What makes Muller-Hill's diary so interesting, and so valuable as a historical tool, is the amount of information he had, or moreover, what he knew. On April 5, 1944 Muller-Hill wrote that "We are rushing head-long into the worst kind of defeat...In a year we'll know more!!!" He almost predicted the outcome of the war and the date of Germany's defeat. Filtered through propaganda, briefings through his chain of command, newspaper and radio, this rear echelon officer knew quite a bit about things that previously we thought the average German did not. Along with his insight, he was often sarcastic and sometimes humorous. He talks of missiles being fired at London as "retribution" for the landings in Normandy (pp. 49-52) and also predicts the futility of the Battle of the Bulge (p. 131). He praises the attempt on Hitler's life (p. 59) and is upset about the use of 14-year old boys being put into defensive positions toward the end of the war (p. 92).
Most startling is Muller-Hill's rant about a speech given by Minister of Propaganda Joseph Goebbels, where he writes "What nerve this man has! How dare he talk about gruesome maltreatment of women and children, when we've summarily murdered hundreds of thousands of Jewish women and children in Poland and Russia!" (p. 155). For me this helps to dispel the myth that the general populace of Germany, particularly the Wehrmacht, had no knowledge of the Holocaust before the end of the war.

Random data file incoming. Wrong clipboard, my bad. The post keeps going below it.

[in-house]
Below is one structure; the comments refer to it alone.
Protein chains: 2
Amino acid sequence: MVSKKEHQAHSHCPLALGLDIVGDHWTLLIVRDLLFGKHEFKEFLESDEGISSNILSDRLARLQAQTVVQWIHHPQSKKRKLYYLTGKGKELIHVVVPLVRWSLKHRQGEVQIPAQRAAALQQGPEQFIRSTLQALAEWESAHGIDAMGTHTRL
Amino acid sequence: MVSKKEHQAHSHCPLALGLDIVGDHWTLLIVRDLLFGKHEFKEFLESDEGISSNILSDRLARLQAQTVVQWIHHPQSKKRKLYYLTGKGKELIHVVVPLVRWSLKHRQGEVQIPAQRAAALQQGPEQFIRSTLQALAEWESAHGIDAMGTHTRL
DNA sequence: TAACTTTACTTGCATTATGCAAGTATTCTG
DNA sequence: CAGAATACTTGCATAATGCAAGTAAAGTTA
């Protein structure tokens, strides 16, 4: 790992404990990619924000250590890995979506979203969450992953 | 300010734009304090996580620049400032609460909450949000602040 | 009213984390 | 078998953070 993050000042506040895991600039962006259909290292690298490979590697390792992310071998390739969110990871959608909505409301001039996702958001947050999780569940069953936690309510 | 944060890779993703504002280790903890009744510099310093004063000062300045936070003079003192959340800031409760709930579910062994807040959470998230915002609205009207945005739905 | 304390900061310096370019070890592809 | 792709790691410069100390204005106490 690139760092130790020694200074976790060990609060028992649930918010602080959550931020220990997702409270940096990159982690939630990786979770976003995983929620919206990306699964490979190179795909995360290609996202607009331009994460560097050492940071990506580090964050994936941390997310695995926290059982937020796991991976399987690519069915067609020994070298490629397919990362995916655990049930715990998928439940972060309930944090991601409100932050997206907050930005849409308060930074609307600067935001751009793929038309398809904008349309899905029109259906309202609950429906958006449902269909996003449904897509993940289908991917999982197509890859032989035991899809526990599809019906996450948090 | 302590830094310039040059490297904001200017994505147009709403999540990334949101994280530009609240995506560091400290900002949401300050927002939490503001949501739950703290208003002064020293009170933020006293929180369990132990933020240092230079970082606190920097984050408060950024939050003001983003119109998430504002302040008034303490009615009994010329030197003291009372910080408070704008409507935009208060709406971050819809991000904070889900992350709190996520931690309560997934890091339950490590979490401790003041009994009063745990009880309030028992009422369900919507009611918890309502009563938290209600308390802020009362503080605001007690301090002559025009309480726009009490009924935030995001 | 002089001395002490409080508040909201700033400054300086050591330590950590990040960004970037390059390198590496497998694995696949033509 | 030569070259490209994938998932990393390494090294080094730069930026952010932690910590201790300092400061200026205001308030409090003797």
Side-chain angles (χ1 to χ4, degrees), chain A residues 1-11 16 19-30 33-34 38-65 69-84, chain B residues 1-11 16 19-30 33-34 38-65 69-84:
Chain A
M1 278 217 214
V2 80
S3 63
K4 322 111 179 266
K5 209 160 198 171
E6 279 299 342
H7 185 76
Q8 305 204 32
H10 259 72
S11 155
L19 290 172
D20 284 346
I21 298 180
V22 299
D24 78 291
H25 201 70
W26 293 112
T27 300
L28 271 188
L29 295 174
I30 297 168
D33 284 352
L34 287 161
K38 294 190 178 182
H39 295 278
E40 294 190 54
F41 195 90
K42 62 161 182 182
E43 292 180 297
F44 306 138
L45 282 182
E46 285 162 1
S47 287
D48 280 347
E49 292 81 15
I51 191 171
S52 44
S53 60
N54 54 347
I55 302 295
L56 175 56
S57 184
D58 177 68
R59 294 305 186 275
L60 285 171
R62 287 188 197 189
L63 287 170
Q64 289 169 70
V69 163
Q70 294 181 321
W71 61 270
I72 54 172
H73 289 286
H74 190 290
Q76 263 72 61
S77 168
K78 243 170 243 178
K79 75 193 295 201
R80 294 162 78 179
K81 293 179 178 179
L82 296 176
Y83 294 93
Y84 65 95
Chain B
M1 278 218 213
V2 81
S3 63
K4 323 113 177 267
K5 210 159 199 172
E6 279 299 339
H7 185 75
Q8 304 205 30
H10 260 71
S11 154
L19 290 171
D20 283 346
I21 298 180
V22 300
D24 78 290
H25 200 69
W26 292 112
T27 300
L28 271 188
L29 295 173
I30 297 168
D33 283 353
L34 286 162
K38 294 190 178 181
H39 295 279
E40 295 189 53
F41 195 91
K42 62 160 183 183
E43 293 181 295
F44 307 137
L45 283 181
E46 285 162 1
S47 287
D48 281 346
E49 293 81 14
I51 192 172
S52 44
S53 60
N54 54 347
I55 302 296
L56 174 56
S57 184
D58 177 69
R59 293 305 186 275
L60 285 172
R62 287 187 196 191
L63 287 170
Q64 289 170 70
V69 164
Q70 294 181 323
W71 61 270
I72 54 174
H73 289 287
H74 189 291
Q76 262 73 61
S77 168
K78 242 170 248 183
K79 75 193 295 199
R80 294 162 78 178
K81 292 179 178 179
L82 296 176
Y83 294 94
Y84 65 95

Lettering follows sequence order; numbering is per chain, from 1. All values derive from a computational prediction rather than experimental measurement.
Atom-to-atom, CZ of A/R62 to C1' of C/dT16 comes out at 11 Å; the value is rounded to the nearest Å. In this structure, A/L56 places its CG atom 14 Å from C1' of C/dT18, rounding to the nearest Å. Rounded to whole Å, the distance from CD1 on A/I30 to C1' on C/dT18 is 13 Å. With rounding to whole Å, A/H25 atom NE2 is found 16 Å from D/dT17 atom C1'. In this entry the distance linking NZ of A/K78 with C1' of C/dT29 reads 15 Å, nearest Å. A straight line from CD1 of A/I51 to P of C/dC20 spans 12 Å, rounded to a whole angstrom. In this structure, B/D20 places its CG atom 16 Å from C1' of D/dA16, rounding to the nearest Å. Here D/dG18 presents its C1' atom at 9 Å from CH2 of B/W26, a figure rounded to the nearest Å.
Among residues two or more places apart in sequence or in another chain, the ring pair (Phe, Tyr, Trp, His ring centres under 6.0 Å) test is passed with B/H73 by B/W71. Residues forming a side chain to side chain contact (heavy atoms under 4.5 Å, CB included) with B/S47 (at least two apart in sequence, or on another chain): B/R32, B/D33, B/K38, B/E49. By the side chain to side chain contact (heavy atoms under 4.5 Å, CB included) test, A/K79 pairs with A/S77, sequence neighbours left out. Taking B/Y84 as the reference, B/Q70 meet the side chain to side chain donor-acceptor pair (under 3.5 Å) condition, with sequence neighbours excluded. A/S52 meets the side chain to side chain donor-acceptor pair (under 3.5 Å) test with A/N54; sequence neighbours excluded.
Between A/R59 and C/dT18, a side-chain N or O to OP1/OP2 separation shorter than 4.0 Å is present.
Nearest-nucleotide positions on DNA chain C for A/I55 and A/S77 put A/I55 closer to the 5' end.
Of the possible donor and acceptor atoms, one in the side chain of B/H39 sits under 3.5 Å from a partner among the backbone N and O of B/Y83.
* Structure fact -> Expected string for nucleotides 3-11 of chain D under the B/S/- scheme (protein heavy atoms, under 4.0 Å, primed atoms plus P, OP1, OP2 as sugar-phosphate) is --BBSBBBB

"The True German" is a quick read, and in the real voice of an astute observer of what was going on around him. Reading this book provides the opportunity to hear what a very knowledgeable German officer was thinking at the time the events unfolded around him. His words are not filtered by a historian or other writer. The book is, in fact, a primary source document, both enlightening and entertaining. A nice addition to your WWII library.
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Product Details

Mueller-hill, Werner Otto
Palgrave MacMillan
Hett, Benjamin Carter
Gellately, Robert
Mueller-Hill, Werner Otto
Military - World War II
Lawyers & Judges
Europe - Germany
World History-Germany
Publication Date:
Includes one 8-page black-and-white phot
10 x 7 x 2 in 1 lb

Related Subjects

Biography » Lawyers and Judges
Biography » Military
Health and Self-Help » Health and Medicine » History of Medicine
History and Social Science » Europe » Germany » Nazi Germany
History and Social Science » Military » World War II » General
History and Social Science » World History » General
History and Social Science » World History » Germany » General

The True German: The Diary of a World War II Military Judge New Hardcover
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Product details 240 pages Palgrave MacMillan - English 9781137278548 Reviews:
"Synopsis" by , A recently discovered diary held by a German military judge from 1944 to 1945 that sheds new light on anti-Hitler sentiments inside the German army